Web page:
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Eye Growths: Pinguecula and Pterygium

Have you been told that you have a pinguecula or a pterygium? These are two very common growths we see on the eye.

Pinguecula

A pinguecula is a tiny yellowish, slightly raised growth found on the white part of the eye just on the border of the coloured part. They are often found in middle aged or older people who spend a lot of time in the sun, but they can also be found in younger people including children who are often outdoors without sunglasses or hats.

In most cases a pinguecula will not cause any problems. However, if they are irritated, it will cause a scratchy itchy feeling in the eye. They may become inflamed and red with exposure to the sun, dust, wind and very dry conditions.

Treatment of a Pinguecula

For mild cases the best form of treatment is protective eyewear whenever you are exposed to the sun. A good pair of wrap-around sunglasses will usually do the trick. Moisture drops can help with the redness and scratchy feeling caused by a pinguecula. Always consult your eye doctor before using an over the counter eye drop.

Surgery is normally recommended when the pinguecula is greatly inflamed and affects your vision or blinking.

Pterygium

A pterygium is a triangular or wedged shaped growth on the white part of the eye. In some cases a pterygium can grow over the cornea and affect your vision. A pterygium is caused by long term exposure to ultraviolet light from the sun.

Just like a pinguecula, a pterygium is normally harmless. It may become red and inflamed on occasion and sometimes they become thick and swollen. This may cause a slight discomfort and become cosmetically unappealing.

In cases where the pterigium becomes very large, it grows onto the cornea and can cause astigmatism.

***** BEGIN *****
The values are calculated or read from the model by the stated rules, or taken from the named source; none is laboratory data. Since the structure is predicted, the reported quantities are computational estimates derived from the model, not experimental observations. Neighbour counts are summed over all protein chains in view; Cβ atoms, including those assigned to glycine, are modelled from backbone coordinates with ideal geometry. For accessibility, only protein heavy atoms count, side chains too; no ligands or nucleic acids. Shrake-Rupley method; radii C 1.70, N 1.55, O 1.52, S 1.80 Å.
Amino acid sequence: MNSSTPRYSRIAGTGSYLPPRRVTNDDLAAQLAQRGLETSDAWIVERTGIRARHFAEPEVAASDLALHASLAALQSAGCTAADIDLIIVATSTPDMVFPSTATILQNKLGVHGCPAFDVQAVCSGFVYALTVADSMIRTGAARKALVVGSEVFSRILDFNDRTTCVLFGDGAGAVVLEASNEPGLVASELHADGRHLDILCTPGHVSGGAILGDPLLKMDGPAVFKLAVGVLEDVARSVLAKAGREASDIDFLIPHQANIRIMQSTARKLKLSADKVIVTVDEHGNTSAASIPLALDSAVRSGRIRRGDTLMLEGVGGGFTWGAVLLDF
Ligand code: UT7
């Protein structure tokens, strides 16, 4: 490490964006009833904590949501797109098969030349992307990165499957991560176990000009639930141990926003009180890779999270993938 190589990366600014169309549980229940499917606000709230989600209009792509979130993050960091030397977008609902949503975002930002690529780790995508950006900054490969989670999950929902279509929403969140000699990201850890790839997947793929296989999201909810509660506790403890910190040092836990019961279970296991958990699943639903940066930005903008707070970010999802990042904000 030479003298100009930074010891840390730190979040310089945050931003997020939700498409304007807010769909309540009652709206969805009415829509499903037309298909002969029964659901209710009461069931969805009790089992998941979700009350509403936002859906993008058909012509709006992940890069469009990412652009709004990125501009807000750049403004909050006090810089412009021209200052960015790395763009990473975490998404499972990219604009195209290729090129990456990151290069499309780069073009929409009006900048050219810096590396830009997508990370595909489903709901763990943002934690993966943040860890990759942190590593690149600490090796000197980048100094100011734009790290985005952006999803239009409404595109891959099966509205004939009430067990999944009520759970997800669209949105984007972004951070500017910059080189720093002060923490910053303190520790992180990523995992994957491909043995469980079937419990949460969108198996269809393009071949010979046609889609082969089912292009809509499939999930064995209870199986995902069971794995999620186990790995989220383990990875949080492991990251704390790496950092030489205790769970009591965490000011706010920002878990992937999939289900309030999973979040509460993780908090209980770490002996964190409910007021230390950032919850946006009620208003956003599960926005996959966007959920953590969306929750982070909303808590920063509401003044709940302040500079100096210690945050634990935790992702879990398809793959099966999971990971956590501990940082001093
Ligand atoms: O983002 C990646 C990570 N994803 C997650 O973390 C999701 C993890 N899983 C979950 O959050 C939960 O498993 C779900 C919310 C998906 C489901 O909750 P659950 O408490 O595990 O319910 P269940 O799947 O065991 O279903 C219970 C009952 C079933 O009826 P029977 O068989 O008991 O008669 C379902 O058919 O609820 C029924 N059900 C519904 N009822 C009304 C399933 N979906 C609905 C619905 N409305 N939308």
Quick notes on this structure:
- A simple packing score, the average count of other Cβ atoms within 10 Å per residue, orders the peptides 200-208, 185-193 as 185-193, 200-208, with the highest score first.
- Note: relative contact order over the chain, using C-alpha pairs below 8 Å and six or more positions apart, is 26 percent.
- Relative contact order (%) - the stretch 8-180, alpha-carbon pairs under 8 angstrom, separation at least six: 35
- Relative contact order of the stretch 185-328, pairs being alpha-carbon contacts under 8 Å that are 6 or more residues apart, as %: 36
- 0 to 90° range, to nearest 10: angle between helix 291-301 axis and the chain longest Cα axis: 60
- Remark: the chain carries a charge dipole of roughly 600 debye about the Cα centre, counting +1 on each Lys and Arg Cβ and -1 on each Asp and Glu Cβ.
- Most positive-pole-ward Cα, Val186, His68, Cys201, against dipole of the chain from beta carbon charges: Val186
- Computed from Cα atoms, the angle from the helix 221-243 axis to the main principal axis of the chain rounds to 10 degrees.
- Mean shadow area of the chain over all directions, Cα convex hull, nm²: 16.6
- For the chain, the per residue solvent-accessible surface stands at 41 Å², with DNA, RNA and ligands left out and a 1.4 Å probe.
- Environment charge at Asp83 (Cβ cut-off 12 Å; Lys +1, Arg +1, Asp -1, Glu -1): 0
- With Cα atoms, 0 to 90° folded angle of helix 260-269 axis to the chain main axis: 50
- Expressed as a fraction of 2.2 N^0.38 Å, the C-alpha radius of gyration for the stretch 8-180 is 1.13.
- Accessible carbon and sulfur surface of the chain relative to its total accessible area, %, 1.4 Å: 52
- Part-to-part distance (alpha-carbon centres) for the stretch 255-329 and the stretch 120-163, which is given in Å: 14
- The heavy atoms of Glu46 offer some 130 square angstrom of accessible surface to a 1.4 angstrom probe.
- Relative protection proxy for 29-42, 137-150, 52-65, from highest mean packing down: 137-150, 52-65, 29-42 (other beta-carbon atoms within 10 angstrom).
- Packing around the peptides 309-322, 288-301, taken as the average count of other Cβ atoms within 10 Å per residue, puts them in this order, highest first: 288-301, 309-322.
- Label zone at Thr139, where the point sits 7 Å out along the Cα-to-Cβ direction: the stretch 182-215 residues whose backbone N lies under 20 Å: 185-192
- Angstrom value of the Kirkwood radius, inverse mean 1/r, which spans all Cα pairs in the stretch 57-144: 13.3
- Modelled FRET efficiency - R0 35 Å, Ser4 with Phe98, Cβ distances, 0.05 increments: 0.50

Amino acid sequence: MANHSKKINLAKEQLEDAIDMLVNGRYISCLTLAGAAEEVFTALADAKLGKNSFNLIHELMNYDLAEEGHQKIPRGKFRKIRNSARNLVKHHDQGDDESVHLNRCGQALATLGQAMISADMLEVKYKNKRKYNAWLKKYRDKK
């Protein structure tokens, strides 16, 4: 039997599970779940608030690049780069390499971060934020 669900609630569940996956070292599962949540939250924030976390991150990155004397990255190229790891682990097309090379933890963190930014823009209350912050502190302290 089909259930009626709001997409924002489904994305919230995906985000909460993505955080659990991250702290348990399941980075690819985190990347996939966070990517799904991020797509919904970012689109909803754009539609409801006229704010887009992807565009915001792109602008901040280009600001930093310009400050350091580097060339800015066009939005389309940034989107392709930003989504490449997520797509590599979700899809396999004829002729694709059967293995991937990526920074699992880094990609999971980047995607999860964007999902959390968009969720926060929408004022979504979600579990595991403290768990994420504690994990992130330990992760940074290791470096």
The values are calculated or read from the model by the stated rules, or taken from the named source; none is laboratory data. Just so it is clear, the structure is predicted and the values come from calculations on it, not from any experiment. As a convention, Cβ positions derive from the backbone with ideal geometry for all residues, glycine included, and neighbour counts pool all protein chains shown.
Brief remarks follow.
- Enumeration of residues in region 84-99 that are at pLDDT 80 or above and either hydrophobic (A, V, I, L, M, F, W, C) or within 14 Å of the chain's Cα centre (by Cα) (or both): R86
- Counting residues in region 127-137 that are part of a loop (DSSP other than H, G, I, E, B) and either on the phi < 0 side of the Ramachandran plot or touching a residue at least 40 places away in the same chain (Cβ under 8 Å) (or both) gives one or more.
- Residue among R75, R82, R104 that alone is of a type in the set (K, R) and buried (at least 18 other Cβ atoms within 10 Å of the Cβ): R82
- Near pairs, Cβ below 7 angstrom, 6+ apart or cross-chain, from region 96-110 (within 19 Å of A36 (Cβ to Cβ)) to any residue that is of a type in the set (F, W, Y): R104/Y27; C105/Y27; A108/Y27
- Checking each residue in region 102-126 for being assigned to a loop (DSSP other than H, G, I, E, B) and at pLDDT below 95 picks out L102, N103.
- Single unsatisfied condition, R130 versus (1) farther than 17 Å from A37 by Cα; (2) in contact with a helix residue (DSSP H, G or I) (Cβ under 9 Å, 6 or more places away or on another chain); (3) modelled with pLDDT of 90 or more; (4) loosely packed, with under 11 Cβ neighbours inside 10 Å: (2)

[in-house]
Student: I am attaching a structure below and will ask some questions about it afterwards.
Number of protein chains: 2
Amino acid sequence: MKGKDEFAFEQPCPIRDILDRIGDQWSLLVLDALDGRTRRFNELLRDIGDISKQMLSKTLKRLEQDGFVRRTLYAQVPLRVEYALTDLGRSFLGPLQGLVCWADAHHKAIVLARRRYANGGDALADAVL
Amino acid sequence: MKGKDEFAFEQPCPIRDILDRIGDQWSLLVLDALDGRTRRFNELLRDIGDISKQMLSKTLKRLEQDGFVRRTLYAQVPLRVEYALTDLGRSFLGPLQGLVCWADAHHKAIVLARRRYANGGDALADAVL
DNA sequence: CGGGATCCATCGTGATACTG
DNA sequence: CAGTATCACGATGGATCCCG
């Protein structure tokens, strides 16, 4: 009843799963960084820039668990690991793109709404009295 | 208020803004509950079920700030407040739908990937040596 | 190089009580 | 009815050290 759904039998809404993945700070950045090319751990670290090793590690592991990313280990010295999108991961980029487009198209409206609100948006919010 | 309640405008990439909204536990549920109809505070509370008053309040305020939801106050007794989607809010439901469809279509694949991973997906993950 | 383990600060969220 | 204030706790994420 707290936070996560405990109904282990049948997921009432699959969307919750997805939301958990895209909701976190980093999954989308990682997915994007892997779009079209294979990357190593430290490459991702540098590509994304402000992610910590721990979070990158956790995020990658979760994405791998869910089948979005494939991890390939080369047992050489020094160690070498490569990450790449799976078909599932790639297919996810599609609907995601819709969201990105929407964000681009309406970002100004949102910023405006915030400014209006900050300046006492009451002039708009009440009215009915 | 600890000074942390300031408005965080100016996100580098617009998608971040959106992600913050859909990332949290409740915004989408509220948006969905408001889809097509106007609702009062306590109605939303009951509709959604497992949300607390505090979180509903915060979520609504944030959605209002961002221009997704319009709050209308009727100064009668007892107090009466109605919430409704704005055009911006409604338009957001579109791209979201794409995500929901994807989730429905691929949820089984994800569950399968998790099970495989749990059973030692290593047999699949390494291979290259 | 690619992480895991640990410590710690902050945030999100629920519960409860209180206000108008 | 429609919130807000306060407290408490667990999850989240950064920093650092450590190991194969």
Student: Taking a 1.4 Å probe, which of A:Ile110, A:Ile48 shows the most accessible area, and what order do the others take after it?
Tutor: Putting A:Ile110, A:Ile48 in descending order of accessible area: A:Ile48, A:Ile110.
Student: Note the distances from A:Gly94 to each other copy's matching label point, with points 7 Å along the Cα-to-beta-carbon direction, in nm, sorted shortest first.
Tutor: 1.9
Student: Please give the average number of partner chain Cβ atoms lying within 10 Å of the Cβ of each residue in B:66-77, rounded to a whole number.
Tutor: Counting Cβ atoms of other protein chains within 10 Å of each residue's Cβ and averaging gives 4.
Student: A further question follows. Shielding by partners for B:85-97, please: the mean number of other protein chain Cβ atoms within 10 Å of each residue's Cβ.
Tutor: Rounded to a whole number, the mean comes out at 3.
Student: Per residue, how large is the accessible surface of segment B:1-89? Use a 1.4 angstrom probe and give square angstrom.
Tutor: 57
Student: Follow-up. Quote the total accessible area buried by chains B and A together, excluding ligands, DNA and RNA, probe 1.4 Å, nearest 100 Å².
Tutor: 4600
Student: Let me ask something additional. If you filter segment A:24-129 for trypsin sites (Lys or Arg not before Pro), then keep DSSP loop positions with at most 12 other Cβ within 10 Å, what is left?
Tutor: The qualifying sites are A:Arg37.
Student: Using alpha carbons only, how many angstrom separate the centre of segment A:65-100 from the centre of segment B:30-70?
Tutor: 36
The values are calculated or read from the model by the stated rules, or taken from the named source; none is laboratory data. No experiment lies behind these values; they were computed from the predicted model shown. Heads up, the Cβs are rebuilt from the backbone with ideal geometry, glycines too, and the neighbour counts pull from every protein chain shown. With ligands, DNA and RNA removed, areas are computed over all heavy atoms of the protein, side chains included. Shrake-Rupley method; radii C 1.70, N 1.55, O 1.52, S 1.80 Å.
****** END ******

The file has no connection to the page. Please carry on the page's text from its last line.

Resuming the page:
Treatment of a Pterygium

Lubricating eye drops work well to relieve any redness or discomfort. Consult your eye doctor before using any over the counter eye drop.

Surgery is recommended in cases where the pterygium is growing over the cornea and affecting vision. Unfortunately, a pterygium may re-grow after surgical removal and the re-growth is sometimes worse than the initial growth.

Again, a good pair of wrap-around sunglasses can protect your eyes from all angles.

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    Eye Growths: Stye and Chalazion

    A stye is a little growth that looks like a pimple on the eyelid. It can be either on the outer or inner eyelid. It can occur at any age and is normally not serious and does not affect vision.

    Signs that you are developing a stye

    You may notice slight pain, redness, swelling and sensitivity on the affected eyelid. After a day or two, a pimple develops.

    You may also get slight watering of the eye, sensitivity to light and a scratchy feeling in the eye.

    What Causes a Stye?

    A stye is caused by staphylococcal bacteria which is present in the nose. This bacteria is easily transferred when you touch your nose and then your eye.

    Everyone has this stye causing bacteria in their body, so we all have the potential of developing a stye. If you do have a stye, you can pass this bacteria onto another person, causing them to develop a stye. So always wash your hands and maintain good hygiene.

    Treating a Stye

    Most styes heal by themselves within a few days to a week. Applying warm compressions to the eye for 10-15 minutes about 4 times a day, normally speeds up recovery. This will relieve any pain and discomfort. The stye will eventually rupture, drain and heal.

    Never pop a stye like a pimple. This normally makes the condition worse. If you continue to develop styes, your ophthalmologist can prescribe an antibiotic to prevent recurrence.

    Chalazion

    A chalazion is an enlarged blocked oil gland underneath the top or bottom eyelid. At first it may resemble a stye and then becomes a painless hard round bump. The contents of the chalazion are pus and fatty deposits that normally help lubricate the eye.

    Treatment of a Chalazion

    Most chalazia drain on their own with the help of warm compressions and lid massages.

    Occasionally they become larger and may be persist for weeks and even months and become cosmetically unappealing. In this case an ophthalmologist can surgically remove it with a simple in office procedure.

    In cases where a chalazion continues to grow in the same area or has a suspicious appearance, a sample will be taken for lab analysis and determine if it is cancerous.

    Fortunately most chalazia are harmless.

    If you notice any unusual growths in and around the eye area, always consult your optometrist or ophthalmologist as soon as possible.

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